Do You Really Trust Your Refrigerator?
We hear a lot about life imitating art and vice versa, and I certainly have kept my finger on the pulse of current events to look for topics that I can use to scare the socks off my readers. But even I was surprised to hear about the recent cyberattack on Dyn—the internet gatekeeping company—which resulted in a stoppage of Netflix, Twitter and a number of other companies.
Why was I surprised? Because this is what my novel The Steel Kiss is all about.
The Dyn incident was a DDOS attack— “Distributed Denial of Service.” Hackers long ago figured out that flooding a website with repeated requested to log in could bring the site down. The best way to do this was to hijack thousands of personal computers—like yours and mine—and have them send log-in requests to target sites, without the users even knowing they were doing so. But internet security folks found ways to block such attempts. Part of the joy (?) of hacking, however, is trying to outguess the good guys. So when personal computers became too tough to enlist for DDOS attacks, hackers came up with a new solution: The Internet of Things.
These are the millions of smart products that we are increasingly relying on: home security, heating and air condition systems, baby monitors, DVRs, cameras, refrigerators, ovens, water heaters, vehicles . . . and thousands of other internet-enabled products, many of which have antiquated and porous security systems—much of the software is based on such operating systems as Windows Vista (remember that? If not ask your parents.).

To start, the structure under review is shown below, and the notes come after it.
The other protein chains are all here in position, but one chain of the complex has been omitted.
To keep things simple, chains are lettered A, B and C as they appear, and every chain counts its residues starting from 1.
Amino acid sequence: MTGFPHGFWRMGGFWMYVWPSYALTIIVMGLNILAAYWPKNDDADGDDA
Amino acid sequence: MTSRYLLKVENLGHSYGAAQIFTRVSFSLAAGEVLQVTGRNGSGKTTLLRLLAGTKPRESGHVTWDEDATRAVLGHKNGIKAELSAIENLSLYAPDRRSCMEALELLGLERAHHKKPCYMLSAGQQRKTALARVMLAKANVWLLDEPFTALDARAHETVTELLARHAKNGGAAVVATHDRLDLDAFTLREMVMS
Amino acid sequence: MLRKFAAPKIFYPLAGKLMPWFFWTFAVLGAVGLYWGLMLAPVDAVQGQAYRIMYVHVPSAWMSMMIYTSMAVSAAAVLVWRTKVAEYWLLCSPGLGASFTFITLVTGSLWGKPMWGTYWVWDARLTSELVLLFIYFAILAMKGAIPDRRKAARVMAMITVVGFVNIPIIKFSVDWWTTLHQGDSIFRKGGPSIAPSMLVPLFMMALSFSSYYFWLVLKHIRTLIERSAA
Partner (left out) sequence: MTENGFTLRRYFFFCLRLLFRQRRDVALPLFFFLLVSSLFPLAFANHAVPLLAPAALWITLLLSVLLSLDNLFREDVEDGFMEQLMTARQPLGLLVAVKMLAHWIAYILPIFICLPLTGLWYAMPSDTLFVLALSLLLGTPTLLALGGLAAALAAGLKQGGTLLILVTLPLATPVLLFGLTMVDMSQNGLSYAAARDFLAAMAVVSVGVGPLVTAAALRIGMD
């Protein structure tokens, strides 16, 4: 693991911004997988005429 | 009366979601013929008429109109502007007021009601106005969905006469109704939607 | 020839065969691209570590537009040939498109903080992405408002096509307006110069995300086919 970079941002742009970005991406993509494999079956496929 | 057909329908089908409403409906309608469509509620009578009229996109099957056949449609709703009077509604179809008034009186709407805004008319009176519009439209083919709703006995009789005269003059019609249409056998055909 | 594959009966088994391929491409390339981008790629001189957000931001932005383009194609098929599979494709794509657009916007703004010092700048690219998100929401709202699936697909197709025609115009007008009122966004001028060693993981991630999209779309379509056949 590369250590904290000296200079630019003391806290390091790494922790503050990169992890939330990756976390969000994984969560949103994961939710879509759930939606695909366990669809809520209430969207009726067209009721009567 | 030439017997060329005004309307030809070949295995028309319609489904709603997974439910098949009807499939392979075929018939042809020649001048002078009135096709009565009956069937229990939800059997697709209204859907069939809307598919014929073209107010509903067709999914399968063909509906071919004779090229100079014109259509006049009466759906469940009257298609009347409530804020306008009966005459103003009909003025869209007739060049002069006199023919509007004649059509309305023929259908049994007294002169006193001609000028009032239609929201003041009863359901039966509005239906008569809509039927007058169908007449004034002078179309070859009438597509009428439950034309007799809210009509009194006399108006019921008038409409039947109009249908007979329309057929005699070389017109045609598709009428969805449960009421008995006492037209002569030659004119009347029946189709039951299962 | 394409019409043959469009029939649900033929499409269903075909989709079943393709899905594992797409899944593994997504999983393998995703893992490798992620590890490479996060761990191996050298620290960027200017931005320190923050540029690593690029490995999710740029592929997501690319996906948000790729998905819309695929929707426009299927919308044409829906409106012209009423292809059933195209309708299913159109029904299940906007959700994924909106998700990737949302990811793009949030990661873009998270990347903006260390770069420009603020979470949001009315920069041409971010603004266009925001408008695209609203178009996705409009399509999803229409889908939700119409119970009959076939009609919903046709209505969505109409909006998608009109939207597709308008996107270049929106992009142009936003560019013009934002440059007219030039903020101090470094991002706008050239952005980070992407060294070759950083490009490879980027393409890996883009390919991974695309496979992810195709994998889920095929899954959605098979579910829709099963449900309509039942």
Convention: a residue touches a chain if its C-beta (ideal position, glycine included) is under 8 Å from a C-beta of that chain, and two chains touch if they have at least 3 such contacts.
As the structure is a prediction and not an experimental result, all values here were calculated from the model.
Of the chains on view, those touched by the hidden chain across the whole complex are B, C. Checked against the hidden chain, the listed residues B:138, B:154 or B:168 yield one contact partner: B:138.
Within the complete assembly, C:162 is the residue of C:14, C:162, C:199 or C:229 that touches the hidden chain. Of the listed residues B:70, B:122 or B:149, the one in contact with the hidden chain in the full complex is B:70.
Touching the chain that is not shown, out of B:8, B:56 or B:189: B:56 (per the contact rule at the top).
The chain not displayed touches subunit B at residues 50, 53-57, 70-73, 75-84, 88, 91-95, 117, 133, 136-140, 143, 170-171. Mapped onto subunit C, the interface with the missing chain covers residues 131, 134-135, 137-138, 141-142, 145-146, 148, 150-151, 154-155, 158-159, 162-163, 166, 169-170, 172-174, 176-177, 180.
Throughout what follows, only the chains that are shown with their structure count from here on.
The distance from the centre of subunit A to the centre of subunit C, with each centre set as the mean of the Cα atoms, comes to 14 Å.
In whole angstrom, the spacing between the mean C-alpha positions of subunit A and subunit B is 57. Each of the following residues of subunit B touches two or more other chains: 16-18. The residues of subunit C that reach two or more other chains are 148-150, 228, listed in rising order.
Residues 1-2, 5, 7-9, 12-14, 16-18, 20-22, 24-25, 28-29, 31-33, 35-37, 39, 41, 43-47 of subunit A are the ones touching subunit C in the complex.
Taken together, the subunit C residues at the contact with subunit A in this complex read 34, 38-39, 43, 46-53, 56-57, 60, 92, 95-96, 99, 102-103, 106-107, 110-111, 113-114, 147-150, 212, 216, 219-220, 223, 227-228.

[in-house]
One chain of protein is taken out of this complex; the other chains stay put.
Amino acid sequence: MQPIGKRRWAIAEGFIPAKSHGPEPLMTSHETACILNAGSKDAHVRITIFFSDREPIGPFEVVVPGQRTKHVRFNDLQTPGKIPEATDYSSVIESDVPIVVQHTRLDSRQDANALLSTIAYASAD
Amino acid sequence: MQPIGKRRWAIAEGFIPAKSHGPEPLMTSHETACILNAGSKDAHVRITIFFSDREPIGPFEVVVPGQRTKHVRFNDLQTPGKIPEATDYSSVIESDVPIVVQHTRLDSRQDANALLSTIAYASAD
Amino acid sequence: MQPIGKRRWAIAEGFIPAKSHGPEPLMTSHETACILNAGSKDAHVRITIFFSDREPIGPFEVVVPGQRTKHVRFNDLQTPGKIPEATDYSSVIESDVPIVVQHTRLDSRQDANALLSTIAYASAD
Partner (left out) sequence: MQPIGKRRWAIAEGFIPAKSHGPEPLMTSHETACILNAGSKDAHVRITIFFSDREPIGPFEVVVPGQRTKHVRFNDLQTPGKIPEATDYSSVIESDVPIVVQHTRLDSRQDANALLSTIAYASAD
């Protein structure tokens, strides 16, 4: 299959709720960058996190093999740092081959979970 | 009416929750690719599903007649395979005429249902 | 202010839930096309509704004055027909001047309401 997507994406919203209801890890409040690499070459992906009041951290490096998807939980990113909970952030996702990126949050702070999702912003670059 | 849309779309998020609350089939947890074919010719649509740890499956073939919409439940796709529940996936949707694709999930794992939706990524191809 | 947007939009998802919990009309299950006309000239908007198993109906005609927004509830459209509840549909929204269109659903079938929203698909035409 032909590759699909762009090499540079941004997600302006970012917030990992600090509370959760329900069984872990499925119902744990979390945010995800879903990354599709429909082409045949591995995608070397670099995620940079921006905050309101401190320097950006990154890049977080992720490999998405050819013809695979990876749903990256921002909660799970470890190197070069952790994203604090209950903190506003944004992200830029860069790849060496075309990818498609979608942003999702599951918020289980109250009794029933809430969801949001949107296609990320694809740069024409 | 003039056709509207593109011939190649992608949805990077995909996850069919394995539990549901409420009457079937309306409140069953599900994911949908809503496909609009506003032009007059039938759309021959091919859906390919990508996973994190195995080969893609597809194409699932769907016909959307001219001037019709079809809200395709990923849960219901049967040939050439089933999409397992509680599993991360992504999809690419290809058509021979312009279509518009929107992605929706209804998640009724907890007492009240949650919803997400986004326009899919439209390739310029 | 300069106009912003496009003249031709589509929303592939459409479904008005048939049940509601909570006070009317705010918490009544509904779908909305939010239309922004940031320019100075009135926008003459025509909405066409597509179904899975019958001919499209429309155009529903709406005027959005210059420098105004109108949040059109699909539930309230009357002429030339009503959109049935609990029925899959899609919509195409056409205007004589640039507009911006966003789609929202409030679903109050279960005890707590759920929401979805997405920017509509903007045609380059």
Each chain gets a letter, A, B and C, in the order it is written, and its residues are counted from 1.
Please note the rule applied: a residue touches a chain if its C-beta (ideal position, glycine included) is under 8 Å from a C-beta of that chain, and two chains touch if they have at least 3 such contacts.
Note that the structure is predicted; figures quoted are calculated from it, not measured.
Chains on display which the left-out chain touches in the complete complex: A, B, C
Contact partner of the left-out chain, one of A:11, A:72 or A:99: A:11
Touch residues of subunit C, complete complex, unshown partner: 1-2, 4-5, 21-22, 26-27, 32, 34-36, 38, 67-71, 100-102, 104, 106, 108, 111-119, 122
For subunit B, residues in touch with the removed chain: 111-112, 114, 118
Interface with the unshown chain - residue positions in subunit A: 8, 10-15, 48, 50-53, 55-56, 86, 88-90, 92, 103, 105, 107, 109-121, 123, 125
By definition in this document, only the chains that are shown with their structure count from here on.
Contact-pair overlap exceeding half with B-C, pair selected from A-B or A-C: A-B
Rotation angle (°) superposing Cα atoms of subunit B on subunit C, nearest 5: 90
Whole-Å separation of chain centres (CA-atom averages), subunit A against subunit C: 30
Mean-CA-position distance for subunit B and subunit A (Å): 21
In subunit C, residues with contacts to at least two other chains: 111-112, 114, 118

The Dyn attacks involved hacking into millions of these products, which in turn flooded the company with log-in attempts, far exceeding the capacity of existing security measures to block.
In The Steel Kiss, my latest Lincoln Rhyme novel, the killer has managed to hack into a variety of Internet of Things products—escalators, ranges, microwaves, automobiles—and turn them into weapons. (Go ahead, take that shower. How likely is it somebody has hacked into your water heater and turned the temperature up to 200 degrees? Not very. . . . Probably.)
This novel is the fourth in my “high-tech quartet,” four thrillers that center around threats in our everyday lives caused by computers and the internet. The first was The Blue Nowhere, set in 1999, about a psychotic hacker (he used dial-up modems; remember those?). Then there was Roadside Crosses, a Kathryn Dance novel, about cyber-bullying and using blogs that purported to be news sites to post false information to attack political and corporate opponents (sound familiar?). After that was The Broken Window, a Lincoln Rhyme novel in which the victims’ lives were destroyed by identity theft and data-mining (sure, you save some money with those loyalty cards at your local grocery story, but you do know what they do with your information, don’t you?). And finally, The Steel Kiss.
Interestingly, I had planned to write only a high-tech thriller trilogy, but when I learned about the dangers of the Internet of Things, I decided to make it a quartet.
I suspect that I’ll open the newspaper in a few months and read about some new threat, concluding I need expand my opus to a quintet, and after that perhaps even . . . well, whatever six books in a series might be called.
– Jeffery Deaver